Bavarian Beerhouse, City Road – restaurant review

Yes, your intrepid restaurant reviewer has sought out another interesting eatery for my dear reader to try. This one is truly a bit different and it has a certain quirky charm. It’s the Bavarian Beerhouse on City Road near Old Street Station.

Established in December 2005, the Restaurant/Bar has quickly become popular with guests who are looking for a genuine German beer-hall experience. This is the very spot for that. There is the traditional service provided by waitresses in Bavarian “Dirndl” dresses. And a bar that would make any Munich drinking establishment proud. Yes, the beer really does arrive in litre glasses.There is a good selection of real German beers as well as schnapps and spirits.

The front area of the Beerhouse is, well, a beer house. It has wooden benches and on football evenings, screens to watch the big match. It’s a venue designed for group conviviality. It has a good number of regular clients who might come to eat and play cards at lunch times. The Sunday until Wednesday guests can enjoy “Bavarian Gemuetlichkeit” and have a relaxed and quiet time, but on Thursdays, Fridays and Saturdays it gets busy with big groups.

London restaurant review Bavarian Beerhouse There is an authentic-looking ski hut or “Skihütte”at the back of the Beerhouse for those who want a quieter but equally authentic Bavarian experience. It’s a wood-clad cabin with room for 40 or so guests, it’s smart and folksy and ideal for cold winter nights. Start the evening with Glühwein – hot mulled wine, or Apfelwein – hot German cider.

A traditional Bavarian menu is a big part of the character of the Bavarian Beerhouse. All meat, pretzels and bread are imported from Germany so you know it’s the real thing. The dishes are substantial but that is part of the draw. This is an establishment ideal for those with hearty appetites but there are vegetarian options. Entire suckling pig is available for groups of 30 or so. Order in advance as they probably won’t have one just waiting in the fridge.

The restaurant is open 7 days a week for lunch and dinner. Kitchen closes at 10pm. The Dinner menu is often updated with specialities like White Asparagus in May. If you have had holidays in Germany then you will be familiar with many of the dishes on offer here.

Obazda Cheese, a Bavarian speciality, was my choice for a starter. This is a creation of mature cheese mixed with cream cheese, butter, beer, onions, paprika and caraway seeds, served with a pretzel. This was tangy and ideal for those of us who don’t want meat with every course. The pretzel dough is imported from Germany but baked fresh at the Beerhouse.

My guest chose Weisswurst – traditional Bavarian White Sausage. Two Bavarian white sausages, served with a pretzel and sweet mustard. These were presented in an intriguing fashion, arriving in a little bowl of hot water. Very practical. There is a technique for eating these sausages and the management thoughtfully provide instructions. Cut the skins and remove the sausage meat before devouring with sweet mustard. They might not look like your regular banger but my guest proclaimed them to be flavourful and delicious.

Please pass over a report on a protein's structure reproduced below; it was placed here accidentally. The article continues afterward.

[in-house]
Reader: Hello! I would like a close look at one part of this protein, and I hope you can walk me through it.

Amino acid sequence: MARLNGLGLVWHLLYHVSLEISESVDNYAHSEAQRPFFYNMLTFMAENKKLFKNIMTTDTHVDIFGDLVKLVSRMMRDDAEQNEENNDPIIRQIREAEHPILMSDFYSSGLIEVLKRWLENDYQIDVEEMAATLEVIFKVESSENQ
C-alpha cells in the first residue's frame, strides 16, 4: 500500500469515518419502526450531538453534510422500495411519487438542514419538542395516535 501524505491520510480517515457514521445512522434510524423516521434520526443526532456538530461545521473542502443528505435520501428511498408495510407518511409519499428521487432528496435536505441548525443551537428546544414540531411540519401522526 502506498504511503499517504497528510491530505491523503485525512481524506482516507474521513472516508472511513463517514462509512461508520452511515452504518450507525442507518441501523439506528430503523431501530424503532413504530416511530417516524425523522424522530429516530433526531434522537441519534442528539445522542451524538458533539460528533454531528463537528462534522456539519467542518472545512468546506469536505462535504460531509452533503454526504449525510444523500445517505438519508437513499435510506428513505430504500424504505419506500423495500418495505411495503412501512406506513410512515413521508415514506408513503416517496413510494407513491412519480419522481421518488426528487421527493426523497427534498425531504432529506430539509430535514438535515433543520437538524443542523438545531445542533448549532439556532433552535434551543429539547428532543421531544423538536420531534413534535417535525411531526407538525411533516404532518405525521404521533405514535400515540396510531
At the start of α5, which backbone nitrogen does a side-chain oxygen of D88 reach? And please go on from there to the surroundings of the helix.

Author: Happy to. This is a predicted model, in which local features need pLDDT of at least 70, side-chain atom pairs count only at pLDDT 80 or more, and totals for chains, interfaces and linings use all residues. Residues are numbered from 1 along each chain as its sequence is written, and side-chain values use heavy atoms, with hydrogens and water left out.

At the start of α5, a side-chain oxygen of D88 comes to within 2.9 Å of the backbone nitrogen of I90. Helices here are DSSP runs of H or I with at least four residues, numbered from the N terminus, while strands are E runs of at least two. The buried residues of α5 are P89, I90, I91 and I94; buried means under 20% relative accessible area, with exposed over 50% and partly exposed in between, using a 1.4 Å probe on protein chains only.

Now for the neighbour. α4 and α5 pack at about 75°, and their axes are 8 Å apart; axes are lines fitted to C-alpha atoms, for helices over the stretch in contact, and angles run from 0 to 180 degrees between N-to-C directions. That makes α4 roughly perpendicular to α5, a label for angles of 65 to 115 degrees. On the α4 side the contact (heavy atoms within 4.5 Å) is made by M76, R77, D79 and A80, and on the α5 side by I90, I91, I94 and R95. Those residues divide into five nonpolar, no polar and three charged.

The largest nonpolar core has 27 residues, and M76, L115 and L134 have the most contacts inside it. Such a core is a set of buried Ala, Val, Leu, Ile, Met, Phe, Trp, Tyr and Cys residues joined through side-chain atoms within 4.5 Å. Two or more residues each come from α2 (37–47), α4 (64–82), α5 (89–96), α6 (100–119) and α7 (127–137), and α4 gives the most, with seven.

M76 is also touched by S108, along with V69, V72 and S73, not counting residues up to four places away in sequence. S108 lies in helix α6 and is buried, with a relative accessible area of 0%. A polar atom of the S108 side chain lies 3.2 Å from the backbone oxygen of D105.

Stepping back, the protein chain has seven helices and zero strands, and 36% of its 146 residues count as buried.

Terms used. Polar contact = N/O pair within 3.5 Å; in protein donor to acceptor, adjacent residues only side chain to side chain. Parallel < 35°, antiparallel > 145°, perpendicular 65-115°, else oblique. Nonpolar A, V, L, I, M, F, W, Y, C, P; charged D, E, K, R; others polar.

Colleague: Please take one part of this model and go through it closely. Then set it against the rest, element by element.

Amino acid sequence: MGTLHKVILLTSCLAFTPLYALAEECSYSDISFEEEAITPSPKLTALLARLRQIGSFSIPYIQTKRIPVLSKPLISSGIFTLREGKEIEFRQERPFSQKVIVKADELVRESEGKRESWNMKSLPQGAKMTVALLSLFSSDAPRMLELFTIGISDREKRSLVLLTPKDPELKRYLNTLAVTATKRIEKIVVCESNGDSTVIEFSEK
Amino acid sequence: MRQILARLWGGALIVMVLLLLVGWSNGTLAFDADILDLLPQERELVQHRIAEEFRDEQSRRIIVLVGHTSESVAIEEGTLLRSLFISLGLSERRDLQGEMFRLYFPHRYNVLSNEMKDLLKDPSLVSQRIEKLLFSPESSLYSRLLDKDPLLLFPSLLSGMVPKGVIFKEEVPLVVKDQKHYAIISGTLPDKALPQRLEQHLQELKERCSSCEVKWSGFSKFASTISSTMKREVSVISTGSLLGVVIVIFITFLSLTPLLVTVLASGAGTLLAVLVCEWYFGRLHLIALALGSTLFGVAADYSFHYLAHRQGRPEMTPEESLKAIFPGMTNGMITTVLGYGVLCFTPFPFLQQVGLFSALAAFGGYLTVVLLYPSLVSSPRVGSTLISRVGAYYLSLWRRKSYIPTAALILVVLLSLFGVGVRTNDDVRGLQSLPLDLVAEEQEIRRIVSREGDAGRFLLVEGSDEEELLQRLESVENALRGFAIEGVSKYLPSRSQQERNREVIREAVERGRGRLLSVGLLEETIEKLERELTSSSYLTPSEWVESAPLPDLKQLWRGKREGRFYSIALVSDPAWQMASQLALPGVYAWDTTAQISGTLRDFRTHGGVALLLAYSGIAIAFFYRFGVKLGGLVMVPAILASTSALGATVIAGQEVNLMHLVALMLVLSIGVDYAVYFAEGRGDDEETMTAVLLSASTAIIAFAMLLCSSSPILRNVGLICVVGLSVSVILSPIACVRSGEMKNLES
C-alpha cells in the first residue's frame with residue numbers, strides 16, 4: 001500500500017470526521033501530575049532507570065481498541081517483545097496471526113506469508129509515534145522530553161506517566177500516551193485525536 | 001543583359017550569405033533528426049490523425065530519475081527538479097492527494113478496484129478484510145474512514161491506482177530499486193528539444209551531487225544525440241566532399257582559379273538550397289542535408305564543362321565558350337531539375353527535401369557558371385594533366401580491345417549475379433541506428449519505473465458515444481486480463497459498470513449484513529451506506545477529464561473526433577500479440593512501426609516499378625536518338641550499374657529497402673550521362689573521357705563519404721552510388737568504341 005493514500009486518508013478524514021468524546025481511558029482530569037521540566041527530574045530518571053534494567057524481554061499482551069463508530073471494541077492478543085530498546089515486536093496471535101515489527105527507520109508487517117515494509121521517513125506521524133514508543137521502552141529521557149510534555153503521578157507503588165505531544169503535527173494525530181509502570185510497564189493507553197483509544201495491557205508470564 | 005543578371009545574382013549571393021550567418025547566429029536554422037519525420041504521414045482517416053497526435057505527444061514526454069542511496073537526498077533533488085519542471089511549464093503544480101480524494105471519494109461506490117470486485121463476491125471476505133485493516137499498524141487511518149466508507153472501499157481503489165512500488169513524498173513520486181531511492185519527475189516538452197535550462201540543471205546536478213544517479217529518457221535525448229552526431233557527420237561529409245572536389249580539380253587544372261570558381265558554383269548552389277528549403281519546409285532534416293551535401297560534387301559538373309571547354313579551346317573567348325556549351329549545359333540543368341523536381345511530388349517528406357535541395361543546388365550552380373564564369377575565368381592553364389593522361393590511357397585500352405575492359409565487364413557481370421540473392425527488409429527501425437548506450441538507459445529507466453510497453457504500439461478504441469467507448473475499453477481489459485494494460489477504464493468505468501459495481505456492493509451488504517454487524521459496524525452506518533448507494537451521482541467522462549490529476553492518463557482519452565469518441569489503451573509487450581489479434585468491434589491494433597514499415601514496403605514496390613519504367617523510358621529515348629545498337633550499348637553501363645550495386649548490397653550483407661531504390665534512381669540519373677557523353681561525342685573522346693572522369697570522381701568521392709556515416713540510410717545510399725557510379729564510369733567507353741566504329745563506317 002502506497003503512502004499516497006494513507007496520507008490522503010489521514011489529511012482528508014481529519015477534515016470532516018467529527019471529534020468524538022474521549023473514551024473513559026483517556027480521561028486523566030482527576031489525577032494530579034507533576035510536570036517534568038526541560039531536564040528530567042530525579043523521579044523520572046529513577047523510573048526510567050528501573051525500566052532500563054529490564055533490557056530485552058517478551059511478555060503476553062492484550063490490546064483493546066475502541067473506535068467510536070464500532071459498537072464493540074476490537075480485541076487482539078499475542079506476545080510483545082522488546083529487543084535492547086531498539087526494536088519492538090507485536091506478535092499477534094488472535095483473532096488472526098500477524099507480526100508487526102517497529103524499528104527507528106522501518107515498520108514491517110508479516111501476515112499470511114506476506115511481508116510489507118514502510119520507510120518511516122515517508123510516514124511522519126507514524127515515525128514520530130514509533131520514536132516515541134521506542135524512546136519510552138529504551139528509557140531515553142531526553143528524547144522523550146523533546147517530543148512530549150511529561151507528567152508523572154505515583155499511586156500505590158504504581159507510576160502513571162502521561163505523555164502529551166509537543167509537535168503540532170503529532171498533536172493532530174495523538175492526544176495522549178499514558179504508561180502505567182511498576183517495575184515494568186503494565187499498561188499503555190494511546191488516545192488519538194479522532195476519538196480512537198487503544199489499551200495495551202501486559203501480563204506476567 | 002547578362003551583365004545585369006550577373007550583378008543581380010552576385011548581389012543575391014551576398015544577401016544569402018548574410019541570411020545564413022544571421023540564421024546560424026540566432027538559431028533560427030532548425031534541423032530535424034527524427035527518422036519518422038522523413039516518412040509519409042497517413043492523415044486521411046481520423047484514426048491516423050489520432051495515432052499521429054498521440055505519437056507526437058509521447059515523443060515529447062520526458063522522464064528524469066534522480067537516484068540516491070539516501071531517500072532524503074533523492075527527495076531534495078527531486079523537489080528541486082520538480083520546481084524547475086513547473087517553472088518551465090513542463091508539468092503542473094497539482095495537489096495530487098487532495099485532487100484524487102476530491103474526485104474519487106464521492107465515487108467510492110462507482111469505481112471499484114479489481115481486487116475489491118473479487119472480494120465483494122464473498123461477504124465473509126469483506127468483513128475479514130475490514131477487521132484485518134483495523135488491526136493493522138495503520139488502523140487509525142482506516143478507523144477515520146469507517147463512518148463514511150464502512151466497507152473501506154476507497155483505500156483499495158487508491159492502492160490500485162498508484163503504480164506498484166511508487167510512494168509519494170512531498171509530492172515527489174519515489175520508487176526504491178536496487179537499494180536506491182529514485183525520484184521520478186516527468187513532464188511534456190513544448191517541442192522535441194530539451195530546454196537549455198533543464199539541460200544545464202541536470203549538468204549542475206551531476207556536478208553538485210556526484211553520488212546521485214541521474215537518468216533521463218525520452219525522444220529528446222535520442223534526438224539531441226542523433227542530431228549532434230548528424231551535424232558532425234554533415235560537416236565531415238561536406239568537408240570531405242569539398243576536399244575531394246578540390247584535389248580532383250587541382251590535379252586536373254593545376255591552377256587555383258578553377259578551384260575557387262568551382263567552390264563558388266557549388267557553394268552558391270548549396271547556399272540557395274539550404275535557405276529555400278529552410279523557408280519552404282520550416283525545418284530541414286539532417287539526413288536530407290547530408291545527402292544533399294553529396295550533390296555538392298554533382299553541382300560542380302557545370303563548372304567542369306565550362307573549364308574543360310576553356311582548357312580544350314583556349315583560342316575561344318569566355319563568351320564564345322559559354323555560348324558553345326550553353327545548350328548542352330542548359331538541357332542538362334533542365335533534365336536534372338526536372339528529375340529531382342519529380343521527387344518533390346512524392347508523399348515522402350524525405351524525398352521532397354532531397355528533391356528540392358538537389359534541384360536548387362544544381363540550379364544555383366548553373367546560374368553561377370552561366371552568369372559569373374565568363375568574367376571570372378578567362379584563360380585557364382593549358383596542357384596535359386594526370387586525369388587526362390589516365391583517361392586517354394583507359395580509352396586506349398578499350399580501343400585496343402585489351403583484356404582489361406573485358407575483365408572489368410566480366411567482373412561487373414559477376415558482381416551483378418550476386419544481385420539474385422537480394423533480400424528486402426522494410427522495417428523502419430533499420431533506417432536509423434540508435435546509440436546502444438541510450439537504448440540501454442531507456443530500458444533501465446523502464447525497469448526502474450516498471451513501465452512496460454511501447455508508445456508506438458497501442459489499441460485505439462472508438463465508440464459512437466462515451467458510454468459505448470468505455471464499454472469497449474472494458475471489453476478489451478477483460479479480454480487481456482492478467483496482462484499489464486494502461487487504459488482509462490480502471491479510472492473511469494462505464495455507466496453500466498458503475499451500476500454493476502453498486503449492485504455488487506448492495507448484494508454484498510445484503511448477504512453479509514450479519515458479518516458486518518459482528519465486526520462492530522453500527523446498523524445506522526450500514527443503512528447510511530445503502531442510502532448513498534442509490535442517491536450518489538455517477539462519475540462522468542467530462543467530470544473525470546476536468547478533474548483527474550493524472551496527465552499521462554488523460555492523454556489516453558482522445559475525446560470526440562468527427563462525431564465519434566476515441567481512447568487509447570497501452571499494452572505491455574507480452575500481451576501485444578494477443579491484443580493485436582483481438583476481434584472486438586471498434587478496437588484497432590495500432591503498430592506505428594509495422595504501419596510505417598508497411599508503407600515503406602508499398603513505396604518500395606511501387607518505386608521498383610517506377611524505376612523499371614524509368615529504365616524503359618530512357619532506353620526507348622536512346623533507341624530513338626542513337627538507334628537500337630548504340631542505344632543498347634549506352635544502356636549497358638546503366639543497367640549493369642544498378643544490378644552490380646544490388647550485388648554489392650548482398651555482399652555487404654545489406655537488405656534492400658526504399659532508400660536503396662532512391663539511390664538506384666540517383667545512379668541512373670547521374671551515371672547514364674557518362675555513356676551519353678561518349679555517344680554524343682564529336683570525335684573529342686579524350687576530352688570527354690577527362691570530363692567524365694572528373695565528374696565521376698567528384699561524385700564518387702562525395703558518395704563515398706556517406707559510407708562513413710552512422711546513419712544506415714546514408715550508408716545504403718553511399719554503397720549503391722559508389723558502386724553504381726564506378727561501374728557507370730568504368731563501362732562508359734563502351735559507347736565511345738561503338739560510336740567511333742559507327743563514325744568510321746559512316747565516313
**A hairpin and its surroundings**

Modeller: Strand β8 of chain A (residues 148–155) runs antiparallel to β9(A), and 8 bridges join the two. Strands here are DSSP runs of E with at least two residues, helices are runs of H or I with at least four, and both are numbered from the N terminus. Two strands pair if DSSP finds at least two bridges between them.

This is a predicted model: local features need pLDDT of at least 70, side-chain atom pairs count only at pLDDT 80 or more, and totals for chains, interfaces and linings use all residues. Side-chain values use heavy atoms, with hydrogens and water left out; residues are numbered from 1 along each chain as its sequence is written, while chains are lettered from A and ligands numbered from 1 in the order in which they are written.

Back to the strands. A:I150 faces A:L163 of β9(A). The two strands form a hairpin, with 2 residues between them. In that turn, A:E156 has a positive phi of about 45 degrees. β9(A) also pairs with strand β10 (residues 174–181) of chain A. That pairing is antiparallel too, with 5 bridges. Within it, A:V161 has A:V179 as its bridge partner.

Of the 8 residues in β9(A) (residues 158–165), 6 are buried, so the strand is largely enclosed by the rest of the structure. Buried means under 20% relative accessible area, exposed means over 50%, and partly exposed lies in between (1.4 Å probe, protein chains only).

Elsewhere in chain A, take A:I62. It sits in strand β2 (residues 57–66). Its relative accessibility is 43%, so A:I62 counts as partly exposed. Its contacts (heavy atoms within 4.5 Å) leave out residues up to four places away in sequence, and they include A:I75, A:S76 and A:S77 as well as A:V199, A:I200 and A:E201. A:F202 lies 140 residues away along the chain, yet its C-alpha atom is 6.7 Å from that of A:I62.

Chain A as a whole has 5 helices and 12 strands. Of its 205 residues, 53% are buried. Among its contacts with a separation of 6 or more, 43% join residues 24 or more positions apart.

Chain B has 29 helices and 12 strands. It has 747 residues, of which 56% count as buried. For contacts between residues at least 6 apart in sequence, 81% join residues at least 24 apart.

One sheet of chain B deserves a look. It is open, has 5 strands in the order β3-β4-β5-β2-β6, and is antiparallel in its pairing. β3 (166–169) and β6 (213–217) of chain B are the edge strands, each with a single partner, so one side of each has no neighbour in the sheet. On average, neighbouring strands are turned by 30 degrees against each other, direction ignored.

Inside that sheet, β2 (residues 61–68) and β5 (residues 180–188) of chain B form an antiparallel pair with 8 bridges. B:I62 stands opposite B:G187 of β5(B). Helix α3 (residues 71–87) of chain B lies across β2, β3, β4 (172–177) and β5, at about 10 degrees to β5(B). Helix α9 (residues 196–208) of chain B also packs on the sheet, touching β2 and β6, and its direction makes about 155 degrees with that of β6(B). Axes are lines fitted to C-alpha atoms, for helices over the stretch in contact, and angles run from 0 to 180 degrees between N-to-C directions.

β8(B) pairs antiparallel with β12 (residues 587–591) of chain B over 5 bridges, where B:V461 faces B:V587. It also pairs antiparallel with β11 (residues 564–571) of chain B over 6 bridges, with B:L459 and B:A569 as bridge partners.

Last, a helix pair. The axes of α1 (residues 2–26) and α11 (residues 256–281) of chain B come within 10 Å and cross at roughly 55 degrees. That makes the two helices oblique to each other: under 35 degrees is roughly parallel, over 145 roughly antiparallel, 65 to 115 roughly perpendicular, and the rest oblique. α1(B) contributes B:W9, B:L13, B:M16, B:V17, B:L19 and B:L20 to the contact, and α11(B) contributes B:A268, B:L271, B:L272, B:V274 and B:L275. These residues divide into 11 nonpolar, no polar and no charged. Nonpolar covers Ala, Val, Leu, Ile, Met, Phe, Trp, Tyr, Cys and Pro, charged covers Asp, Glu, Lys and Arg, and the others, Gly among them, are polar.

It was Monday and that’s Schnitzel Special day. There are several varieties on offer at the Beerhouse but I chose Wiener Schnitzel – classic breaded pork escalope served with French fries and a mixed salad. This is a simple dish but when it’s good it’s unbeatable and this one was. Be warned though, this is a meal for those with healthy appetites or those who have been shovelling snow from the runways at City Airport all morning.

My guest tucked into Spicy Bavarian Beerhouse “Wurstplatte” for his main course – spiral sausage (Bratwurst Schnecke), Merguez spicy sausage, cheese cracker sausage (Kaeseknacker) served with mashed potatoes, sauerkraut and mustard. This was a good combination of German sausages and North African lamb sausage which has become popular all over Europe.

In the unlikely event that you will have space for a dessert you can indulge in Kaiserschmarrn, which is a Bavarian-style pancake with raisins, or Apfelstrudel served with cream; and there is always Schwarzwälder Kirschtorte, the celebrated Black Forest Chocolate Cake. My companion enjoyed his Bavarian pancake which is described as ‘scrambled’: the batter is stirred to create a sweet confection in bits rather than a flat doily. Well worth trying.

Bavarian Beerhouse has two distinct characters. It’s a party spot for groups and sports lovers but the ski hut provides a smart and private haven. Both the Skihütte and the Beerhouse offer good food at reasonable prices.

Bavarian Beerhouse
190 City Road
London EC1V 2QH


Restaurant review by Chrissie Walker © 2018